On Fri, May 5, 2017 at 7:44 PM, Robert Haas <robertmh...@gmail.com> wrote:
> On Fri, May 5, 2017 at 1:01 AM, Amit Kapila <amit.kapil...@gmail.com> wrote:
>> I have tried to verify above point and it seems to me in such a
>> situation the transaction status will be either PQTRANS_INTRANS or
>> PQTRANS_INERROR.  I have tried to mimic "out of memory" failure by
>> making PQmakeEmptyPGresult return NULL (malloc failure).  AFAIU, it
>> will make the state as PQTRANS_IDLE only when the statement is
>> executed successfully.
> Hrm.  OK, you might be right, but still I don't see why having the 30
> second timeout is bad.  People don't want a transaction rollback to
> hang for a long period of time waiting for ABORT TRANSACTION to run if
> we could've just dropped the connection to get the same effect.  Sure,
> the next transaction will then have to reconnect, but that takes a few
> tens of milliseconds; if you wait for one extra second to avoid that
> outcome, you come out behind even if you do manage to avoid the
> reconnect.  Now for a subtransaction you could argue that it's worth
> being more patient, because forcing a toplevel abort sucks.  But what
> are the chances that, after failing to respond to a ROLLBACK; RELEASE
> SAVEPOINT within 30 seconds, the remote side is going to wake up again
> and start behaving normally?  I'd argue that it's not terribly likely
> and most people aren't going to want to wait for multiple minutes to
> see whether it does, but I suppose we could impose the 30 second
> timeout only at the toplevel and let subtransactions wait however long
> the operating system takes to time out.
>>>> Also, does it matter if pgfdw_subxact_callback fails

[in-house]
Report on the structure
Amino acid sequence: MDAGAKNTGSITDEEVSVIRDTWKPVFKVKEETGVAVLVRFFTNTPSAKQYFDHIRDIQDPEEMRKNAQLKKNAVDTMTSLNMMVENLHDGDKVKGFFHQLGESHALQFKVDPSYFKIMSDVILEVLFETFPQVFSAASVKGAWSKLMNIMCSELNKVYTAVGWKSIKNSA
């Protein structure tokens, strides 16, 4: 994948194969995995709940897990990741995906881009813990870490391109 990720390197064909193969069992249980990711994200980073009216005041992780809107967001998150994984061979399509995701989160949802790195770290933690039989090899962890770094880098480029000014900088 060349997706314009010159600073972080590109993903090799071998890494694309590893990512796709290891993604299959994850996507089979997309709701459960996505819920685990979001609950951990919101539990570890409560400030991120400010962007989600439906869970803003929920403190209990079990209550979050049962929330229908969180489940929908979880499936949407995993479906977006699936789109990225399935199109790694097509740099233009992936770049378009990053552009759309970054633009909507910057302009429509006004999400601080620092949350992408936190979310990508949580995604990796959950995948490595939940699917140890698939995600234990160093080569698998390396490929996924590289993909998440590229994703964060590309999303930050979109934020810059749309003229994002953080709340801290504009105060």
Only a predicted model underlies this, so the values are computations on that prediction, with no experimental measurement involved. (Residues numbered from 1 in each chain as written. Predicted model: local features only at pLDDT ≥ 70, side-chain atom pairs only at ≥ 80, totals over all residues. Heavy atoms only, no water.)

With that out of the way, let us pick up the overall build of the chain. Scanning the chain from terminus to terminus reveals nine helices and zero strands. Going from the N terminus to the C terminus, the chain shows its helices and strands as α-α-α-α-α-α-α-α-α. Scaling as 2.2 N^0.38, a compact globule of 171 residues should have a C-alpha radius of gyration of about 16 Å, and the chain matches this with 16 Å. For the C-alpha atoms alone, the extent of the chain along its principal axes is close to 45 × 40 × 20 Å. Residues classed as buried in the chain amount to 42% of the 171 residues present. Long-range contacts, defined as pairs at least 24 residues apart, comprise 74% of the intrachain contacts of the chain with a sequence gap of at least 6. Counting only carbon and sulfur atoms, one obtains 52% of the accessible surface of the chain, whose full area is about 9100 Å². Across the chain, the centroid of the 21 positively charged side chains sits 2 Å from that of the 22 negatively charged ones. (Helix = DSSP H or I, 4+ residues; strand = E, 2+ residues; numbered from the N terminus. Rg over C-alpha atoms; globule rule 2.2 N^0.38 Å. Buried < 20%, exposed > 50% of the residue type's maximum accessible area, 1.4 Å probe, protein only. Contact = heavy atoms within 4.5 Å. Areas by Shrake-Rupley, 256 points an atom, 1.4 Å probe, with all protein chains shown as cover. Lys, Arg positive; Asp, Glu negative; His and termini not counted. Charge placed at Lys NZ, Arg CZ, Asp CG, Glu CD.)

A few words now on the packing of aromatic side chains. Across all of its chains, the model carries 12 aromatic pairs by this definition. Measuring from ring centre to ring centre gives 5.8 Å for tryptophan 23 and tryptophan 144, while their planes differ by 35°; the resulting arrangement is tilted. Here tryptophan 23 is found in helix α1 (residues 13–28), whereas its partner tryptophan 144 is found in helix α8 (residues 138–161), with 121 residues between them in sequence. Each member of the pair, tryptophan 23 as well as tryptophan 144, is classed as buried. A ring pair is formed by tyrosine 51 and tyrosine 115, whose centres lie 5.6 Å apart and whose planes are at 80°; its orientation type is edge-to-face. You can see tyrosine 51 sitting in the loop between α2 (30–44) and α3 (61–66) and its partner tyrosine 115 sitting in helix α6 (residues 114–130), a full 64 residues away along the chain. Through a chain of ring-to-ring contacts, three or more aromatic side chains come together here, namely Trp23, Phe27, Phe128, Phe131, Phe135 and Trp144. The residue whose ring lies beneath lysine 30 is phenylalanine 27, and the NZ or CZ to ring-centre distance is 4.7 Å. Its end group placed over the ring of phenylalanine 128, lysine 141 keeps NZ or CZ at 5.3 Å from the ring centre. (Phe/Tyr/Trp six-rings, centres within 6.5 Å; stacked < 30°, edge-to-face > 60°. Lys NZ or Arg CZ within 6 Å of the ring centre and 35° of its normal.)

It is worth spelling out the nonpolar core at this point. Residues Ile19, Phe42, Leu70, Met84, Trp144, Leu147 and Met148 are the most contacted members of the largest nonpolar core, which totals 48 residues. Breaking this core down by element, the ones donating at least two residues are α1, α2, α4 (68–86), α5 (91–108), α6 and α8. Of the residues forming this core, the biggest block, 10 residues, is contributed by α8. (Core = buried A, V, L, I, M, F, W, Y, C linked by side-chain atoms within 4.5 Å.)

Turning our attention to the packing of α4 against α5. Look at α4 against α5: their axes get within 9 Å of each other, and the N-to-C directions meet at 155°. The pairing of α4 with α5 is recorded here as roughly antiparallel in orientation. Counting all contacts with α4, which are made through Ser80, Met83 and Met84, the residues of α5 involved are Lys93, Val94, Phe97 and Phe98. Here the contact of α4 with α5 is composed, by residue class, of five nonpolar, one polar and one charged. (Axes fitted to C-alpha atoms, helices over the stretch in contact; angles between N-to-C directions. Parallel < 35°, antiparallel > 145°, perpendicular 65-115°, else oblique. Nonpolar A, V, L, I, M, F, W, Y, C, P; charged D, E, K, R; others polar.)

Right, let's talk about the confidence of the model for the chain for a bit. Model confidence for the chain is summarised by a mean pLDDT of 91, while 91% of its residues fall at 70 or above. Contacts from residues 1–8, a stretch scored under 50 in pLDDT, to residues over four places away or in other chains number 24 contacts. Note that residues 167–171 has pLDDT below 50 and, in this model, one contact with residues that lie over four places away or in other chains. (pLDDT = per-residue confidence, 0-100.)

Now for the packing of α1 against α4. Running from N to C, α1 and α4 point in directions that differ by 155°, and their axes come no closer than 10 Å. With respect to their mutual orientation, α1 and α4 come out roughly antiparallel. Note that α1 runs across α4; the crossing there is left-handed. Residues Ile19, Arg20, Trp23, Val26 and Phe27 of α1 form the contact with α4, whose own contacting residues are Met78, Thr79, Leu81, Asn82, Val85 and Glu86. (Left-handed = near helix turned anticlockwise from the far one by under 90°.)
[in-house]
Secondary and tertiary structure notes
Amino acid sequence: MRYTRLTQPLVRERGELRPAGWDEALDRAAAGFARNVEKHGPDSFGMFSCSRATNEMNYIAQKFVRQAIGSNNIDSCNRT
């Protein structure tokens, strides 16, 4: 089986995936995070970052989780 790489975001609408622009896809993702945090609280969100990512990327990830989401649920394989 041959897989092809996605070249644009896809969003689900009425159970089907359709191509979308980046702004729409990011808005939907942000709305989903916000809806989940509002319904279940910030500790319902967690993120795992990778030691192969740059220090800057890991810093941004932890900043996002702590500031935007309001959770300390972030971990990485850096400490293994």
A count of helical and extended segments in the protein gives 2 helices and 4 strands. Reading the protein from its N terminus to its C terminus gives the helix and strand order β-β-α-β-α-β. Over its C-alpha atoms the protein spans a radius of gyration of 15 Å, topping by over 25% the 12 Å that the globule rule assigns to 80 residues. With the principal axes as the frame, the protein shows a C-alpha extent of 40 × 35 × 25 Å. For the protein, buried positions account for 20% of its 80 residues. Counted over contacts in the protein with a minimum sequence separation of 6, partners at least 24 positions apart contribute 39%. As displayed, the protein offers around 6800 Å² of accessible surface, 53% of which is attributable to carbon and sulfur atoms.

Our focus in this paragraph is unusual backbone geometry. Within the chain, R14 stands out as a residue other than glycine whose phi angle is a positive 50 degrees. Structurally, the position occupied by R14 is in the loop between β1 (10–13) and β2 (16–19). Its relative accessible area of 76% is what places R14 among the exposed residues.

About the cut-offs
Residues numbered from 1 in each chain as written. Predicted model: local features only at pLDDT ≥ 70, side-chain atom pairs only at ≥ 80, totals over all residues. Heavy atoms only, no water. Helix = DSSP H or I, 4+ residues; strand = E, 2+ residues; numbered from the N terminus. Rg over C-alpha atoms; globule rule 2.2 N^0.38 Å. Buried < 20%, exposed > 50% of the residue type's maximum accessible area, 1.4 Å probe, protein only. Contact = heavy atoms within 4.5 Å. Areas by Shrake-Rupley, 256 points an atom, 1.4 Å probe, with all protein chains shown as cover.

>>>> during execution of "ROLLBACK TO SAVEPOINT", because anyway user needs
>>>> to execute rollback to savepoint command before proceeding and that
>>>> should be good enough?
>>> I don't understand this.  If pgfdw_subxact_callback doesn't roll the
>>> remote side back to the savepoint, how is it going to get done later?
>>> There's no code in postgres_fdw other than that code to issue the
>>> rollback.
>> It is done via toplevel transaction ABORT.  I think how it works is
>> after "ROLLBACK TO SAVEPOINT" failure, any next execution is going to
>> fail.  Let us say if we issue Commit after failure, it will try to
>> execute RELEASE SAVEPOINT which will fail and lead to toplevel
>> transaction ABORT.  Now if the toplevel transaction ABORT also fails,
>> it will drop the connection.
> Mmmph.  I guess that would work, but I think it's better to track it
> explicitly.  I tried this (bar is a foreign table):
> begin;
> select * from bar;
> savepoint s1;
> select * from bar;
> savepoint s2;
> select * from bar;
> savepoint s3;
> select * from bar;
> commit;
> On the remote side, the commit statement produces this:
> 2017-05-05 09:28:52.597 EDT [80263] LOG:  statement: RELEASE SAVEPOINT s4
> 2017-05-05 09:28:52.597 EDT [80263] LOG:  statement: RELEASE SAVEPOINT s3
> 2017-05-05 09:28:52.597 EDT [80263] LOG:  statement: RELEASE SAVEPOINT s2
> 2017-05-05 09:28:52.597 EDT [80263] LOG:  statement: COMMIT TRANSACTION
> But that's obviously silly.  Somebody could easily come along and
> optimize that by getting rid of the RELEASE SAVEPOINT commands which
> are completely unnecessary if we're going to commit the toplevel
> transaction anyway, and then the argument that you're making wouldn't
> be true any more.  It seems smart to me to explicitly track whether
> the remote side is known to be in a bad state rather than relying on
> the future sequence of commands to be such that we'll get the right
> result anyway.

Sure, tracking explicitly might be a better way to do deal with it,
but at the cost of always dropping the connection in case of error
might not be the best thing to do.

>> Agreed, in such a situation toplevel transaction abort is the only way
>> out.  However, it seems to me that will anyway happen in current code
>> even if we don't try to force it via abort_cleanup_failure.  I
>> understand that it might be better to force it as you have done in the
>> patch, but not sure if it is good to drop the connection where